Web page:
Fisherman attacked by crocodiles is saved by friends

Fisherman attacked by crocodiles is saved by friends

Fisherman attacked by crocodiles is saved by friends

Fisherman attacked by crocodiles is saved by friends


A fisherman nearly avoided death after being attacked by four crocodiles and dragged underwater in a “death roll.”

Alexander Chimedza had one of the beast’s jaws clenched on each of his limbs but was saved after a 40-minute battle when his friends poured down stones from the bank.

Alexander was ambushed in January while searching for worms to use as bait to catch a fish meal for his family in Kariba, Zimbabwe.

“The crocodiles must have been waiting for me because the instant I touched the weeds, I was attacked,” he told the Herald newspaper.

“At first, one of them grabbed my left hand, but I instantly evaded, and then another grabbed my right hand.”


Alexander was dragged into the murky water, where one of the crocodiles attempted to kill him by spinning him six times in the infamous “death roll” manoeuvre.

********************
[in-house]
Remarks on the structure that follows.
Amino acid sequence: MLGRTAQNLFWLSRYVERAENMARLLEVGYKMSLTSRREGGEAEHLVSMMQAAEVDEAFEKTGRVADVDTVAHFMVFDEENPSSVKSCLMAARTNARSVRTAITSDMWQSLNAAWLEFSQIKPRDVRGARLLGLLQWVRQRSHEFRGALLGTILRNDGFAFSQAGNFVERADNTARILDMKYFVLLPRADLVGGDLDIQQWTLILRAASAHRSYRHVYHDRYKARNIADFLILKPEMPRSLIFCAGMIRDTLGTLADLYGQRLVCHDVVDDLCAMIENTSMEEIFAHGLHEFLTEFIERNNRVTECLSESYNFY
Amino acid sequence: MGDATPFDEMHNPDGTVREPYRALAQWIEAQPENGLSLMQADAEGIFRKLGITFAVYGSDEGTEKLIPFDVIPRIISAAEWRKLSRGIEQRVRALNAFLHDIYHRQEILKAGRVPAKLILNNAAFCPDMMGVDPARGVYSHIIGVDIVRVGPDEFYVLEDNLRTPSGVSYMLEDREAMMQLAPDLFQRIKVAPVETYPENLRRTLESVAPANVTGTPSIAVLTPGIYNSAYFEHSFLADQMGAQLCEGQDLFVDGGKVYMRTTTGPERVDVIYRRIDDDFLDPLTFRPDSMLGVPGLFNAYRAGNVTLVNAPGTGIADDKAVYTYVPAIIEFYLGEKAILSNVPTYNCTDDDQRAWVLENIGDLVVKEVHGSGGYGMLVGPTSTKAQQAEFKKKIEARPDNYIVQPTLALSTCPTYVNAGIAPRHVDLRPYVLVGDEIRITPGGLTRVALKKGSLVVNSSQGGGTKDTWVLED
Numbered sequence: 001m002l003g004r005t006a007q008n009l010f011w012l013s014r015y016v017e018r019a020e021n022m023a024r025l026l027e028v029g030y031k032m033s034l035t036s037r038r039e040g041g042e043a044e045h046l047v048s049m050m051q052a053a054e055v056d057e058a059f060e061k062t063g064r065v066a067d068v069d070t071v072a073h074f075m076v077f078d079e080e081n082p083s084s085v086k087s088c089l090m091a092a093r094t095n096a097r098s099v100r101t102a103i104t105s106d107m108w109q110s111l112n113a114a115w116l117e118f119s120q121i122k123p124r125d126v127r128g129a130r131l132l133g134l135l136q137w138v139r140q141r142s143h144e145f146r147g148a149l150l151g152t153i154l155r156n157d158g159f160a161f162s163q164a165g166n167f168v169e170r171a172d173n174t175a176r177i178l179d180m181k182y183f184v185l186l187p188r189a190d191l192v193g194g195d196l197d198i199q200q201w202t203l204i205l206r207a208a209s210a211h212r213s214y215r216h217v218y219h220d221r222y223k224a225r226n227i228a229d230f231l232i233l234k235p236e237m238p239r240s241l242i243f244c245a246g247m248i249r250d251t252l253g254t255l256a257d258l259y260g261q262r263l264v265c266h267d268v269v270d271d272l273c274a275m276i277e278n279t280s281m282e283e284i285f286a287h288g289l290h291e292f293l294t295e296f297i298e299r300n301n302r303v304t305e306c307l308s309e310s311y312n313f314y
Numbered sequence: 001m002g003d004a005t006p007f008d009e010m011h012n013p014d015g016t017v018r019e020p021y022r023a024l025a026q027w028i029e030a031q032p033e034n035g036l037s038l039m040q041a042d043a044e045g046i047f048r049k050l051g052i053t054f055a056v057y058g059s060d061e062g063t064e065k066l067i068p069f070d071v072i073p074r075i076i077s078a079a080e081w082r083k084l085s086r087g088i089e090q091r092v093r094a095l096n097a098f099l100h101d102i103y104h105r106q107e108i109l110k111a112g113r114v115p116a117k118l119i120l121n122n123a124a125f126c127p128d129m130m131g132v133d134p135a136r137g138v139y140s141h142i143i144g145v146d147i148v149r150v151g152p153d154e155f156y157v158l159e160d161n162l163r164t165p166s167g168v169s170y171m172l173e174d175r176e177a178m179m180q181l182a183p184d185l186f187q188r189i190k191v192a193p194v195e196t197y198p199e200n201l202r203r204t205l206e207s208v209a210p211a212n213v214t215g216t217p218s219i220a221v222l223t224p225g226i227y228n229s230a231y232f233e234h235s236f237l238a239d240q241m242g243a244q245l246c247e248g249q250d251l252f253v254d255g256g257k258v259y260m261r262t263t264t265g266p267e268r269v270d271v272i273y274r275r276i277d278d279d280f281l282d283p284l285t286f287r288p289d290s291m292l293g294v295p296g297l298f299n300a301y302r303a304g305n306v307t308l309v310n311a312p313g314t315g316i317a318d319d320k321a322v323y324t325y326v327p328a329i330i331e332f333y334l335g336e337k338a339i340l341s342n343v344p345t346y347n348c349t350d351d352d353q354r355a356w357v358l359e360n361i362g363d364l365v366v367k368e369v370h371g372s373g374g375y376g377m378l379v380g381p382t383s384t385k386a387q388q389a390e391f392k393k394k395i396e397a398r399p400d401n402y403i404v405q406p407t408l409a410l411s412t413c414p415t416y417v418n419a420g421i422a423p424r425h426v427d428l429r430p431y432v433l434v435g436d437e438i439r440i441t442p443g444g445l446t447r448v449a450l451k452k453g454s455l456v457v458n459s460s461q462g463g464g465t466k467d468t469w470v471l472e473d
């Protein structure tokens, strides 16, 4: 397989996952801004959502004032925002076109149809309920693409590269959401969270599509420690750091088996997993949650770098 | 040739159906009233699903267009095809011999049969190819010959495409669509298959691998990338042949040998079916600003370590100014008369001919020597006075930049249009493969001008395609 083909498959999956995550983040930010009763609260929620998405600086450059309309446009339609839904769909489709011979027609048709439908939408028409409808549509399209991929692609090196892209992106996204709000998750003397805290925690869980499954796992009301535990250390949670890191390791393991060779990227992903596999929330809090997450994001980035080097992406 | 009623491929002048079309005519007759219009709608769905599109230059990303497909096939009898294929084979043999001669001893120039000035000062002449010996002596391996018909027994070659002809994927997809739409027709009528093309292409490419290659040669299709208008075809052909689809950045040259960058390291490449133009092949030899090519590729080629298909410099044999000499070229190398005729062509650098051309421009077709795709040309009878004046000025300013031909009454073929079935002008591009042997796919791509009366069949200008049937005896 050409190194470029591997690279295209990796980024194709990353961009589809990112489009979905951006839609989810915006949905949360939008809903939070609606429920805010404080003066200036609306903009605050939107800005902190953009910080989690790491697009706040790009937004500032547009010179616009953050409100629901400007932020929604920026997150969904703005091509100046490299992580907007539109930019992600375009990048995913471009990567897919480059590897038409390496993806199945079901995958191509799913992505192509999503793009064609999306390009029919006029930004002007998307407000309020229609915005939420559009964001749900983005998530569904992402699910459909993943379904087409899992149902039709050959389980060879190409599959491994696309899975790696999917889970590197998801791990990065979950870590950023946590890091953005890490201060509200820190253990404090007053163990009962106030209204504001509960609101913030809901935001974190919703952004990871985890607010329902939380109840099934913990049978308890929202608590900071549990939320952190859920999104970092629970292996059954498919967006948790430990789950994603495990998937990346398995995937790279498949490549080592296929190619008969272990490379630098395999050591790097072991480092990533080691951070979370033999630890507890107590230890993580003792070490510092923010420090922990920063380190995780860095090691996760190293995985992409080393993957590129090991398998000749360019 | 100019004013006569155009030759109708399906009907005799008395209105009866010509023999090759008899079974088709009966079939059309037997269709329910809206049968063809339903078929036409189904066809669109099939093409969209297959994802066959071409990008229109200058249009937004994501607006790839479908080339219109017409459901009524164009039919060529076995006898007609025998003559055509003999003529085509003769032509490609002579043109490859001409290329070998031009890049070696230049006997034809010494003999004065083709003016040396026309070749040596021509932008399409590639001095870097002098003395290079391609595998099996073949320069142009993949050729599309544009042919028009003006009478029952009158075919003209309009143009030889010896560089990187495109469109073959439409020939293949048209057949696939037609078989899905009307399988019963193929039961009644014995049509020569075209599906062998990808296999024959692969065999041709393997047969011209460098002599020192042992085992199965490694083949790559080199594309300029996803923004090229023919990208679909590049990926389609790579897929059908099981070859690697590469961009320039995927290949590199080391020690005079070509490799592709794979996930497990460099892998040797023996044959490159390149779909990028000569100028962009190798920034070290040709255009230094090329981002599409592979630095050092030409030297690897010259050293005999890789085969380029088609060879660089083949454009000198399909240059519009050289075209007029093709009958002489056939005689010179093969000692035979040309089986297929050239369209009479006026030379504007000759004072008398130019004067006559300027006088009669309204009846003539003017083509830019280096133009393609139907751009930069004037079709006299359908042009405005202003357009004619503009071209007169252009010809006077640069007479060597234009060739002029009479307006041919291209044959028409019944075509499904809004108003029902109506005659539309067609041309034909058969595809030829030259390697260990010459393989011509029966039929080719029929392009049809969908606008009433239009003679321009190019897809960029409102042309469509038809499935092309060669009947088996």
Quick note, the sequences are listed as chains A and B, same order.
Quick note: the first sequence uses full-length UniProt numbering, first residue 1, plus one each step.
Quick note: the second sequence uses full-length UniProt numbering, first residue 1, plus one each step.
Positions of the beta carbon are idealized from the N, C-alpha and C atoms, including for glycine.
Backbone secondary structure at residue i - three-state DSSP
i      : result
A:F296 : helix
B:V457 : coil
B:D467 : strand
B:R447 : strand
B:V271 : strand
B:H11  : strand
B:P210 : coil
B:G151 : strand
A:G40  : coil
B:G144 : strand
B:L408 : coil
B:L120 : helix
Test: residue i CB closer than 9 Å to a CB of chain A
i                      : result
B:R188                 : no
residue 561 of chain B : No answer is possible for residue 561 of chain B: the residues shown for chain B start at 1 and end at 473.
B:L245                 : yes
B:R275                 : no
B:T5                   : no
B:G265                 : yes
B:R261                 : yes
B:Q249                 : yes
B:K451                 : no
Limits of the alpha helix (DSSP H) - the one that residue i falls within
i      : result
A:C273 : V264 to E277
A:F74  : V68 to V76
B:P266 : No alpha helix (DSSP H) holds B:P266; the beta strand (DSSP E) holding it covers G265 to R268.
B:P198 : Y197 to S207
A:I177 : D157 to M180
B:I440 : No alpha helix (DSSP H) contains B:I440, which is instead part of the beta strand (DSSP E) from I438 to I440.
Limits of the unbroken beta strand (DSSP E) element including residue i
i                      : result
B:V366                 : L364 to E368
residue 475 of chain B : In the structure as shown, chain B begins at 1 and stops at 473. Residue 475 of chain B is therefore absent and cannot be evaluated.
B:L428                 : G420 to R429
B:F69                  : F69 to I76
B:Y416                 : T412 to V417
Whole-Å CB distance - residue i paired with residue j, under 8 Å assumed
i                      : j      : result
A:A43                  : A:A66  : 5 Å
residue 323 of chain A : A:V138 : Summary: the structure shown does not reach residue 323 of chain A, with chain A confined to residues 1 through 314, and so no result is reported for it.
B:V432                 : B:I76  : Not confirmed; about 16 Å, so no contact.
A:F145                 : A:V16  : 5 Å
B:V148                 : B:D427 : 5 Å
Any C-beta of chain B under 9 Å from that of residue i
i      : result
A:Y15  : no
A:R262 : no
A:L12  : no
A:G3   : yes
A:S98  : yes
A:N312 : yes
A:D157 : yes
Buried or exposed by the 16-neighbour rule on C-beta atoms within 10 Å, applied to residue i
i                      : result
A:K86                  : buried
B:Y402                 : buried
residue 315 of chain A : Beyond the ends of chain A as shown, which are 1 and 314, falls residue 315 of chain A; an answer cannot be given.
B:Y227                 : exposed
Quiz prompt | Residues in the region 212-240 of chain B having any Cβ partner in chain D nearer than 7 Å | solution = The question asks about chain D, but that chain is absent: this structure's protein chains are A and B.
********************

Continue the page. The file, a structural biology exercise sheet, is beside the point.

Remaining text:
“I realised that if I resisted, my hand would shatter,” he explained.

“As a result, I let my hand move in the direction it turned.”

A third crocodile grabbed onto his thigh, and a fourth crocodile participated in the feeding frenzy by biting through his ankle.

Meanwhile, friends and bystanders hurled rocks at the predators.

Alexander was eventually able to free one hand and put it down a croc’s throat, causing it to release him.


When crocodiles swim, an organ called the palatal valve prevents water from entering their stomachs.

If you can’t reach the crocodile’s eyes, experts think it can be an effective final option.

“Some of the stones that were being hurled from the outside may have hit the crocodile as I shoved my palm into its jaws,” Alexander explained.

“That, together with the massive amounts of water that ran into its mouth, must have resulted in its death since it let me go and seemed lifeless afterward.”

He was then able to grasp a long stick supplied by his buddies, who had pulled up to the blood-soaked coast and waved down an ambulance.

He was hospitalised for 40 days and underwent four procedures, including skin grafts, metal plates in shattered bones, and reconstructive surgery to repair his severed Achilles tendon.


And his wife Primrose will need to care for him at home for several months longer.

She said he disregarded a “prophecy” telling him not to go to the ponds where he was assaulted.

“My wife has been 100 percent behind me, and without her, I wouldn’t be able to exist,” Alexander added.

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